Tuesday, May 29, 2012

Kirby's Block Ball (GB) Retro Review

Kirby's Block Ball released not too long ago on the North American 3DS eShop. Of course, it had been everywhere else for one's digital consumption for quite a while. That said, here is my brisk review of Kirby's Block Ball for the original Game Boy.

Kirby's "Breakout" Role


Kirby is one of Nintendo's most flexible characters. He extends his services far beyond the field of the typical platformer and into such genres as racing (Kirby Air Ride), golf (Kirby's Dream Course), and yes, even arcade-like experiences (Kirby's Pinball Land). He even forgoes the traditional platformer archetype with games like Kirby Canvas Curse and Kirby Mass Attack. In 1996, the pink puffball returned to his adventures outside the platforming realm with Kirby's Block Ball, a Breakout/Arkanoid-inspired take on the franchise.

The stage selection screen of Kirby's Block Ball
The concept of Kirby's Block Ball is quite simple in theory: you must use your paddle (or in some levels paddles) to send Kirby sailing into destructible blocks with the hopes of clearing them all in order to advance to the next level. There are a total of eleven stages consisting of five levels each in total in Block Ball. The levels get progressively more difficult with every time Kirby gets hit by a spike-- caused by missing the pink puffball with a paddle-- a life is lost. Lose all your lives and you must start back at level one of the stage you were on. Thankfully, when a life is lost you can easily pick up your progress from where you left off.

Arkanoid-- Kirby style.
Kirby's Block Ball can be immensely challenging as you need quick reflexes. One of my problems with the game stems from when you have more than one paddle to deal with. Most levels later on have you controlling four paddles at once. Not only is it confusing to control them all (using the up and down portions of the d-pad to move the paddles on the left and right section of screen and using the left and right portions of the d-pad to move the paddles on the up and down section of screen), but the speed at which Kirby bounces around-- especially if you press A as Kirby hits the paddle to send him flying at the blocks with more power-- makes for some small doses of frustration when you simply can't keep up with the action.

Some blocks need more hits than others.
Like a standard Kirby game, Kirby's Block Ball has powers for Kirby to absorb and copy. Most enemies when defeated just drop food of varying point values for Kirby to gobble up, but some transform him into one of four forms: Spark, Stone, Needle, and Fireball. Each power allows Kirby to destroy blocks and enemies more easily. If Kirby gets hit by a spike, he loses his current ability.

Every fourth and fifth levels in each stage is a pre-boss and boss fight respectively. The pre-boss battle has you collect star blocks which will serve as a temporary safety net and cover the spikes in the following boss battle. The boss battles have Kirby beating on one of many familiar adversaries of Kirby's past. Some bosses just move around the arena, waiting for Kirby to smack them a dozen times or so until they are defeated, while others can grab Kirby and send him flying into danger's way. While the boss fights aren't generally particularly challenging, they do offer a nice change of pace and some well earned variety.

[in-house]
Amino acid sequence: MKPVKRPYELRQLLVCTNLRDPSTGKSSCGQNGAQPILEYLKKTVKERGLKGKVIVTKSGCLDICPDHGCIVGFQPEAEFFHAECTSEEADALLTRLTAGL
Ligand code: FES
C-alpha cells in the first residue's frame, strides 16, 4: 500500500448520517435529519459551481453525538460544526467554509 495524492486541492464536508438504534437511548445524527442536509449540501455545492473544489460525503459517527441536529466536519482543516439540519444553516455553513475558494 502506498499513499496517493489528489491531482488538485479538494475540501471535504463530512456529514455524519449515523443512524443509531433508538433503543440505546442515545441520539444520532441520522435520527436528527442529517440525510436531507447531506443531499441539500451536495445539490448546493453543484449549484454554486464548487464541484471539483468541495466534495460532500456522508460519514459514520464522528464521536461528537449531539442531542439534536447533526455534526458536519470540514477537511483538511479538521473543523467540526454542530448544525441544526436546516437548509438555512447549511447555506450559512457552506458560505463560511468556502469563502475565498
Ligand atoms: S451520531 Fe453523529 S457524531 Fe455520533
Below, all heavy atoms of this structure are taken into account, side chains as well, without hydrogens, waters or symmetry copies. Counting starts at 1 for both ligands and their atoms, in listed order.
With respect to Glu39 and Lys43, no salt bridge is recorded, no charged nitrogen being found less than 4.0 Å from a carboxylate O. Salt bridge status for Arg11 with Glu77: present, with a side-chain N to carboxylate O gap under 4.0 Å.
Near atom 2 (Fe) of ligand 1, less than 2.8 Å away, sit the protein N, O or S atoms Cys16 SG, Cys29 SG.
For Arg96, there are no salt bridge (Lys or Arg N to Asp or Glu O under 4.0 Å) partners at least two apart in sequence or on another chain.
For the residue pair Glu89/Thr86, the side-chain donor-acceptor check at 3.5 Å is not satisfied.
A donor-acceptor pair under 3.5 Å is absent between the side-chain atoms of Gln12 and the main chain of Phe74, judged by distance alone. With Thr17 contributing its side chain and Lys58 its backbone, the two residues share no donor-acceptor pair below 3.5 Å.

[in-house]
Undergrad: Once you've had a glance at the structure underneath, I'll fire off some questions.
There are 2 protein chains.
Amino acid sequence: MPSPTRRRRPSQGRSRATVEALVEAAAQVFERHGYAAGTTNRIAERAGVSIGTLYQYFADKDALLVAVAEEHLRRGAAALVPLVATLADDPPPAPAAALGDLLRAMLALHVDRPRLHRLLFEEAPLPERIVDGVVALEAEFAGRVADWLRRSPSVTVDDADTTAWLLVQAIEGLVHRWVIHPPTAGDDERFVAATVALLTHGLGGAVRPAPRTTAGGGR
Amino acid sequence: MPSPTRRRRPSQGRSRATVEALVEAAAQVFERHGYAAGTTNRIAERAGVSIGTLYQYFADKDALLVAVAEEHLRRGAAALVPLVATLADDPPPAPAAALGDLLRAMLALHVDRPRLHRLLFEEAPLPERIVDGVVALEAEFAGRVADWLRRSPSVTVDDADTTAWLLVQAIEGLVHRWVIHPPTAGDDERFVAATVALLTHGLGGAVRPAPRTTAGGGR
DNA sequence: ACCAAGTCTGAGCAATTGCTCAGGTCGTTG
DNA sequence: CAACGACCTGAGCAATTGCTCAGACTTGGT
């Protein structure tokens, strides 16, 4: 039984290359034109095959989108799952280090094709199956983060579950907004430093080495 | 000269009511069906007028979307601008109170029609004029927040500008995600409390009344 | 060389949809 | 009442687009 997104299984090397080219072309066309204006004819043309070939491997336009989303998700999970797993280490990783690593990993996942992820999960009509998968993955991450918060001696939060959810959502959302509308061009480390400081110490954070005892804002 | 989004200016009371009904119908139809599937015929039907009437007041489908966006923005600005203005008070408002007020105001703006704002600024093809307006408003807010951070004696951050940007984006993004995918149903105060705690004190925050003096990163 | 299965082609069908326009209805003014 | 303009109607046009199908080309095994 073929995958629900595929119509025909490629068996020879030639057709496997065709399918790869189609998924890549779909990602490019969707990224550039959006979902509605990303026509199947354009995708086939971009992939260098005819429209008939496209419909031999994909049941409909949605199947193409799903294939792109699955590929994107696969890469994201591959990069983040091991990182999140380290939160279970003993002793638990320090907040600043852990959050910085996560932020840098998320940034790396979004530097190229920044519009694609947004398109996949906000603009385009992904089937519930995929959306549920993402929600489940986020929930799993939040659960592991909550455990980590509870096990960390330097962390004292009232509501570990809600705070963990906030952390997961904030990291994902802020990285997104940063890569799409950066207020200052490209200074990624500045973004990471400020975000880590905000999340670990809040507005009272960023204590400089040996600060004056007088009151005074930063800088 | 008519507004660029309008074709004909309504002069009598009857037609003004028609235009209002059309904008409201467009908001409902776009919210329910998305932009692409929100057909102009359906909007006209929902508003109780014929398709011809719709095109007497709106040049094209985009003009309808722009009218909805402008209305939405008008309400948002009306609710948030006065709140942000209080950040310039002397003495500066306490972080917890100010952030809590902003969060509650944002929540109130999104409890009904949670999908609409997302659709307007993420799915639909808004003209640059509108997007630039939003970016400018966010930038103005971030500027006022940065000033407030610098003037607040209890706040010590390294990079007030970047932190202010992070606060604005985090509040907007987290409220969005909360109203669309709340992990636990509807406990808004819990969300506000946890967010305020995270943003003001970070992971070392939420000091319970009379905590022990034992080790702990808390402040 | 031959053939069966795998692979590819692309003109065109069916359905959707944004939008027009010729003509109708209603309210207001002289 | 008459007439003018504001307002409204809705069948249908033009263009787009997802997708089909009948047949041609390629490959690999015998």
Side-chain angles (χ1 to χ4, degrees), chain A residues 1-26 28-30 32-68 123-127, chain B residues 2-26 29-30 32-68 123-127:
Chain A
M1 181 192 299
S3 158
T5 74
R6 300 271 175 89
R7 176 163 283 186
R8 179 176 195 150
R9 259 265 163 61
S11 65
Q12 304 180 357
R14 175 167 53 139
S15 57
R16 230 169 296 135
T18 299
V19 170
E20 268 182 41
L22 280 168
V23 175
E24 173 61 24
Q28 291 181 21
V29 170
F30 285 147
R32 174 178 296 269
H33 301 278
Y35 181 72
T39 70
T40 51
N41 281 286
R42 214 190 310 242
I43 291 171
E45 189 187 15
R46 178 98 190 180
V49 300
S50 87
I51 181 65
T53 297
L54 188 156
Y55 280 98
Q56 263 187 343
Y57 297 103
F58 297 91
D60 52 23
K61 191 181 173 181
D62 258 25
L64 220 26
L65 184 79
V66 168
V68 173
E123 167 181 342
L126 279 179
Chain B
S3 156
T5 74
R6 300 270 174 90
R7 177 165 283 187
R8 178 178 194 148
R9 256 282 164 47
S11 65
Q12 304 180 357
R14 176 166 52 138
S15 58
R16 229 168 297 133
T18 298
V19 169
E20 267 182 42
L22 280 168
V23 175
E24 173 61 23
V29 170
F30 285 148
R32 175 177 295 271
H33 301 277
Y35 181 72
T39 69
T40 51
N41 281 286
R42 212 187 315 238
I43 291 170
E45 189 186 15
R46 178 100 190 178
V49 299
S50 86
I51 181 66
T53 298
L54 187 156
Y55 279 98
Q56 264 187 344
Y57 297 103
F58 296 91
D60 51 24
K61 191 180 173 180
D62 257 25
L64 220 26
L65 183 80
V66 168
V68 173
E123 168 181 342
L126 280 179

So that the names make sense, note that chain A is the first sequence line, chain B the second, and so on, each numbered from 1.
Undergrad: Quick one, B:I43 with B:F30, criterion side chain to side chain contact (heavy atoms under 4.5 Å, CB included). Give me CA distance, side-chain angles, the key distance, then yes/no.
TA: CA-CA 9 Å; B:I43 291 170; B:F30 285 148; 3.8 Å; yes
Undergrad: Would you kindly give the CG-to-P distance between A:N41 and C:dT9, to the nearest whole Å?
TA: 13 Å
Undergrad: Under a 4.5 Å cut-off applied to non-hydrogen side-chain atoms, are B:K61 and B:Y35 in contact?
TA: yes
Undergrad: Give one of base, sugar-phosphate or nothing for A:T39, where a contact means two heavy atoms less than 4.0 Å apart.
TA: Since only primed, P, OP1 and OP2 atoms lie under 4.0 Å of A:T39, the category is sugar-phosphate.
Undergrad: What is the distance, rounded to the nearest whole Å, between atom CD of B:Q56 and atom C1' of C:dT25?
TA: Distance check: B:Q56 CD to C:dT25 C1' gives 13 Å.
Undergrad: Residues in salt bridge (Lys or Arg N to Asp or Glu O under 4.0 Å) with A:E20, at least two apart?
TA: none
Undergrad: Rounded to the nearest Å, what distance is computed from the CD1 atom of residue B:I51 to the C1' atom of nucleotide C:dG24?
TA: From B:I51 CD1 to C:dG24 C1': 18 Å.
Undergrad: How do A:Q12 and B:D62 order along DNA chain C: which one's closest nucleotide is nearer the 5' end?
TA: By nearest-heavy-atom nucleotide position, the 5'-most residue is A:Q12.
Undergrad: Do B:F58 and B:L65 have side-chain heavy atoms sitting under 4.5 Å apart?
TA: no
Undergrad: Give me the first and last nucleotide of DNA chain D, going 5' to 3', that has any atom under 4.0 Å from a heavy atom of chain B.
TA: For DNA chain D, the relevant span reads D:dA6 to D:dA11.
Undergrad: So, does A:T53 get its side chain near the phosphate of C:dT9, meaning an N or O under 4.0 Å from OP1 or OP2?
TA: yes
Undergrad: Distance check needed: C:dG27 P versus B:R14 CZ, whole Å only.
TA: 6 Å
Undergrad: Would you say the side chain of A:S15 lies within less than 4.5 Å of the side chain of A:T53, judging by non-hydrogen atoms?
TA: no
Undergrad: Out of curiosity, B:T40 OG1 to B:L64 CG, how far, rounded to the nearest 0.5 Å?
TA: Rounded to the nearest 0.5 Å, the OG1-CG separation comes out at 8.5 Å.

Battle bosses big and small.
In some levels there are hidden warp stars that can take Kirby to the bonus area, resting in the middle of the stage selection map. There are four to choose from including Up Down which has you attempting to hit four different blocks which change the picture shown each time they are struck. The goal is to have all four blocks show the same picture to earn 1-ups. Another bonus game is Star Catcher where you control four paddles to collect stars while avoiding the bombs being thrown from the center. If one of your paddles gets bombed, your bonus game session is over. Then there's Air Hockey which pits you against a UFO creature in a best-of-three series of the titular sport. Finally, you have Up Cloud where three clouds-- each with a different 1-up amount on them-- rest and hitting them with the ball sends them upwards toward the goal. The first cloud to reach the goal gives Kirby a helpful prize. The bonus games are enjoyable and are paramount if one is having trouble in later levels of Block Ball.

One of the four bonus games-- Up Cloud.
Kirby's Block Ball is a decent enough looking game. You can easily tell enemies apart from blocks, and Kirby animates rather well. As with most Game Boy games in the viewpoint of today, there isn't really much to write home about visually. The game runs at a steady clip which is a must for a game where one needs their wits about them to move the paddle(s) to bounce Kirby around safely. The music is standard fare for a Kirby game-- some catchy tunes and saccharine sweet melodies. Kirby's Block Ball does its performance duties to a satisfactory level.

Kirby's Block Ball is a heavily inspired take on Arkanoid (or Breakout if you're much older) with a kooky Kirby coating to make things seem more original than they are. Gunning for the high score of each stage will last players a while (and it's the only way to unlock Stage 11) and the game is perfect in short bursts. Managing four paddles at once in later levels might be too tasking for some players such as myself, but if you stick with it, you'll find yet another wonderful gameplay experiment featuring everyone's favorite pink blob Kirby.

[SuperPhillip Says: 7.75/10]

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